Creating Successful Business Partnerships

Like marriages, business partnerships can wreak havoc when they fracture. Some tips for creating happier unions.

Increasingly, B.C. entrepreneurs are partnering to open businesses, and it only makes sense, since the sum is often greater than the two halves. But as with marriages, partnerships can go bad and the results can be as cataclysmic as any divorce.


The Problem

For nine years Diana Sillery, a former personal trainer to athletes, co-owned a Whistler spa with a partner. The two were strangers before they got together to launch this venture, but when they were introduced they immediately clicked. After meeting and 
hatching their idea, they went to a business coach to assess their partnership potential and were told they were a model partnership.

The business grew and at one point had 40 employees. But competition began heating up and profits started to slide. As Sillery tells it, her partner – whom she declines to name due to ongoing litigation – 
suddenly disappeared without a word in 2008, and Sillery soon learned she had decamped to Australia. Sillery was left with a pile of IOUs, and even worse, her own family had invested in the business and she felt a moral obligation to return the capital.

Sillery was fighting a tough battle in a changing market and at the same time her two young children required more of her time. She didn’t have the energy to take on the task of rebuilding a business alone. Sillery closed the spa in spring of 2009. 


The Solution

Sillery spent the ensuing year in her Squamish home being a mom, working part time, volunteering and ruminating over the events. The closure was 
brutal both financially and emotionally, especially since she had continued taking investments until the final days. 

Looking back, she says the signs the partnership was unravelling were there for some time. As Sillery describes it, her partner was having trouble at home and became increasingly disengaged from the business for more than a year before she left. Even as they were pressed to revive the business, Sillery says, her partner was increasingly uncommunicative and evasive.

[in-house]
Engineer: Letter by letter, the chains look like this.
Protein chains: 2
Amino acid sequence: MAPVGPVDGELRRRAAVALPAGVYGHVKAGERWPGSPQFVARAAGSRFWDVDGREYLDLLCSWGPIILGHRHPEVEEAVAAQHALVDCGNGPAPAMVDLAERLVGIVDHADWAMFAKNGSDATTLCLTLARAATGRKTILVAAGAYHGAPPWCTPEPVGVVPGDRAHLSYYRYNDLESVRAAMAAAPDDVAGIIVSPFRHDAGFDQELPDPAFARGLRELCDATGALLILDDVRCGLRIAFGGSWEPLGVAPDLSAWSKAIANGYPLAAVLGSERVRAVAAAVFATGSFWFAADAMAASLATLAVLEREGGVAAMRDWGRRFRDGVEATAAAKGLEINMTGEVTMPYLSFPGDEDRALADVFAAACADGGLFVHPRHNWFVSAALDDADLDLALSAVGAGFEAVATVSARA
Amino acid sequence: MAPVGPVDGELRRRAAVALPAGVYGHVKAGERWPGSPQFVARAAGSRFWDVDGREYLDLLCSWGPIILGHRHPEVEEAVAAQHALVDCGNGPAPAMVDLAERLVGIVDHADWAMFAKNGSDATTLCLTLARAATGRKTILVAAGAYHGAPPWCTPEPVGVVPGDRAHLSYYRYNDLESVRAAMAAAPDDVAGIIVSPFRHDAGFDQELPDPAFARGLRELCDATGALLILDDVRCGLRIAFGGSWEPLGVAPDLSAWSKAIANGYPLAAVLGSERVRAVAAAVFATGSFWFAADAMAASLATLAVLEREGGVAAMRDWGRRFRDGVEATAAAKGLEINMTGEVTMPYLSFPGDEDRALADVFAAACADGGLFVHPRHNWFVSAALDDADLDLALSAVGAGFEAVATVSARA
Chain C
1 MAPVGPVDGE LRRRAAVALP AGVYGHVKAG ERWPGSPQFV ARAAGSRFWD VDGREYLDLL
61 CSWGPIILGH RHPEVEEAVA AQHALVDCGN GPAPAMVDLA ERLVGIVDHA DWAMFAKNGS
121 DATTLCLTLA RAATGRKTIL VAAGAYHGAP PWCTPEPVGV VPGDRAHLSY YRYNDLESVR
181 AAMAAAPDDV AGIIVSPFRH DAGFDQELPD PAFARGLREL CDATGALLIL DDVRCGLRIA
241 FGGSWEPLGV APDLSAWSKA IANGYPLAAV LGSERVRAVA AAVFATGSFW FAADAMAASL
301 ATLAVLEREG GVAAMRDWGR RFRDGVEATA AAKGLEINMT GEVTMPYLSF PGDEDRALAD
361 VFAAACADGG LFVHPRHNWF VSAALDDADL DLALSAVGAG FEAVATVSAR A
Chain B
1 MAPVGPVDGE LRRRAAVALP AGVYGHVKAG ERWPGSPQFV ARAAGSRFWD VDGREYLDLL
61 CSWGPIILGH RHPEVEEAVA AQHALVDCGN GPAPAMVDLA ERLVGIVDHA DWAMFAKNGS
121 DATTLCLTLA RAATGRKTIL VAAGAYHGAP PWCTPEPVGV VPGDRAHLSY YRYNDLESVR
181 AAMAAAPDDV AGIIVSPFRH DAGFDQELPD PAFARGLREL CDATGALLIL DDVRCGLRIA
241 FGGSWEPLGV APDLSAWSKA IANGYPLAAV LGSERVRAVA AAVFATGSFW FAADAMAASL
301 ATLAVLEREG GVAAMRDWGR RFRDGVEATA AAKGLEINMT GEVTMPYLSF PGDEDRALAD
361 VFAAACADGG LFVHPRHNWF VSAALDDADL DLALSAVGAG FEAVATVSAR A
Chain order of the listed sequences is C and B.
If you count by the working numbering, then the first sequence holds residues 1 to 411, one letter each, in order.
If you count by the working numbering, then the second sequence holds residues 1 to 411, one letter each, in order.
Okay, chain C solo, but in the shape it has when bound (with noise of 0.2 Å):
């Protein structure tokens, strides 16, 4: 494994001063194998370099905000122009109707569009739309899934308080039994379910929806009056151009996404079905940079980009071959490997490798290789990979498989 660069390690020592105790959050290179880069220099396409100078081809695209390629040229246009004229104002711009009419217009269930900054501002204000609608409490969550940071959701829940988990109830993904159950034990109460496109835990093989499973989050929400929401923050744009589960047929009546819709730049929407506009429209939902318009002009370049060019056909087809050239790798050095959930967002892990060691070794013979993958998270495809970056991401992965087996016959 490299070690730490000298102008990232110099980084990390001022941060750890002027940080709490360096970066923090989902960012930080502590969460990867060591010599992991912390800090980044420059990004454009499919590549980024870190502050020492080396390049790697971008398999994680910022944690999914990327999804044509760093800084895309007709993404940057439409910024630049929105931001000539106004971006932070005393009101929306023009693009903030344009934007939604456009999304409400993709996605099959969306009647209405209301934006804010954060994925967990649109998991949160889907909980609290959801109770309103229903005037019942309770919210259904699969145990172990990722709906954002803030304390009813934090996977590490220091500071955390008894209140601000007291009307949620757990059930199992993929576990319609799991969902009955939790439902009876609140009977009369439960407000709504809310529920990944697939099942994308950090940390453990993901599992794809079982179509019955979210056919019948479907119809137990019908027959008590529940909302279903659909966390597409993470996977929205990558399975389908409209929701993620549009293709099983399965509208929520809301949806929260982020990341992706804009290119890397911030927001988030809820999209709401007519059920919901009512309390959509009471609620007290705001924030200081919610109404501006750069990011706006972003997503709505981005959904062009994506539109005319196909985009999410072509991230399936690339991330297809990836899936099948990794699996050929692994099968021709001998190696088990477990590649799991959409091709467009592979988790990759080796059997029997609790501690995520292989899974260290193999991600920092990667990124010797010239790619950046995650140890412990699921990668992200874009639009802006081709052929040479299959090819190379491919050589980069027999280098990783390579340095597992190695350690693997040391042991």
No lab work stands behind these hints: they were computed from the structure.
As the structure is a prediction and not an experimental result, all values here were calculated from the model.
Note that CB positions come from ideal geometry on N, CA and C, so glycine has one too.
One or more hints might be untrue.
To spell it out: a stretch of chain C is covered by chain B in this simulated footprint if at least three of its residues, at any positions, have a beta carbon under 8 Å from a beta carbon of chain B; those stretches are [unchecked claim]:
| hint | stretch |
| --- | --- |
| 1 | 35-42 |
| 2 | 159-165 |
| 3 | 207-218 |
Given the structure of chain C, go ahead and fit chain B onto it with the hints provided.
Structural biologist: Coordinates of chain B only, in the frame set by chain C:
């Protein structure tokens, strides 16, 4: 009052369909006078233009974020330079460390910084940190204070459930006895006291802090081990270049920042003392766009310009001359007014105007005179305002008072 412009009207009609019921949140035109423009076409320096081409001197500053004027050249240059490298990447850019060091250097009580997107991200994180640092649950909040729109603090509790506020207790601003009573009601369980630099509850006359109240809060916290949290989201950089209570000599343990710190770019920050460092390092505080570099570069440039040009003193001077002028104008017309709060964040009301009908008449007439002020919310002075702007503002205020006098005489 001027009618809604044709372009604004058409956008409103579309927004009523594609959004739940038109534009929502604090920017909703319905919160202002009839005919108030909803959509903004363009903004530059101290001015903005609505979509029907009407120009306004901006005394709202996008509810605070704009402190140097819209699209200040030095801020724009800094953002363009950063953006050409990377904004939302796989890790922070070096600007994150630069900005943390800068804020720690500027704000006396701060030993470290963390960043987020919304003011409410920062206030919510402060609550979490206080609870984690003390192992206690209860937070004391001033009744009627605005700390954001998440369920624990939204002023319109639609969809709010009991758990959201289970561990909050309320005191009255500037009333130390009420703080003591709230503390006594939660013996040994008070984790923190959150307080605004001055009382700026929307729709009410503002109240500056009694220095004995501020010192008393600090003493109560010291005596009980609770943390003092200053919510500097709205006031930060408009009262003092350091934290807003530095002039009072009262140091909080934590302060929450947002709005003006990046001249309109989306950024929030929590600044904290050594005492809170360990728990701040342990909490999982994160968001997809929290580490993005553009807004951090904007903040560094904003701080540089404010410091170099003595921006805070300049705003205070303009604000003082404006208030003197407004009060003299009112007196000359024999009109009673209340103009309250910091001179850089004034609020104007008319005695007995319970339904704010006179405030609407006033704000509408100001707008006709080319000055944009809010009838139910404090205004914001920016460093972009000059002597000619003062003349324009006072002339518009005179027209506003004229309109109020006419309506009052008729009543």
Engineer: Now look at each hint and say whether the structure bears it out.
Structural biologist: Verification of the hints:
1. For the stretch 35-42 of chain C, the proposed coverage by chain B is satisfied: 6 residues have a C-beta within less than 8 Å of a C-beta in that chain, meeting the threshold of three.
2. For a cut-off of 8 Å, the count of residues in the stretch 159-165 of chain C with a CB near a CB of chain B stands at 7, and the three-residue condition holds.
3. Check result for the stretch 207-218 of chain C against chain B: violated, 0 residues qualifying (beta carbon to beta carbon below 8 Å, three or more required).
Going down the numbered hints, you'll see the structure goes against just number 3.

The partners had tried other business coaches to no avail. Each time they found one specializing in partnerships, Sillery says, her partner would eventually drop out of the process. Sillery now believes that she was preparing to leave. 

Eventually, Sillery’s only solution was to put it behind her as best she could and move on. Like someone at the end of a marriage, she engaged in deep self-understanding sessions. She realized her life’s purpose is to educate and help people. She is now studying for her certification as a financial adviser.

Her mission has become helping people in other business partnerships avoid similar situations. The suggestions she offers below may or may not have staved off the collapse of her own business, but they could certainly help anyone who is thinking of forming a partnership. 



• Do your homework. A partnership is a huge commitment and partners must complement each other. When thinking of a potential partnership, take off your personal hat and study the situation strictly from a business point of view.

• Get a written partnership agreement. The agreement should outline roles and procedures. It should definitely include a buy-sell agreement to prevent a partner from simply pulling out.

• Pay attention. Partnerships need constant work. Partners should schedule regular reviews and 
hold each other accountable for their actions. They can also discuss plans and personal feelings about the business.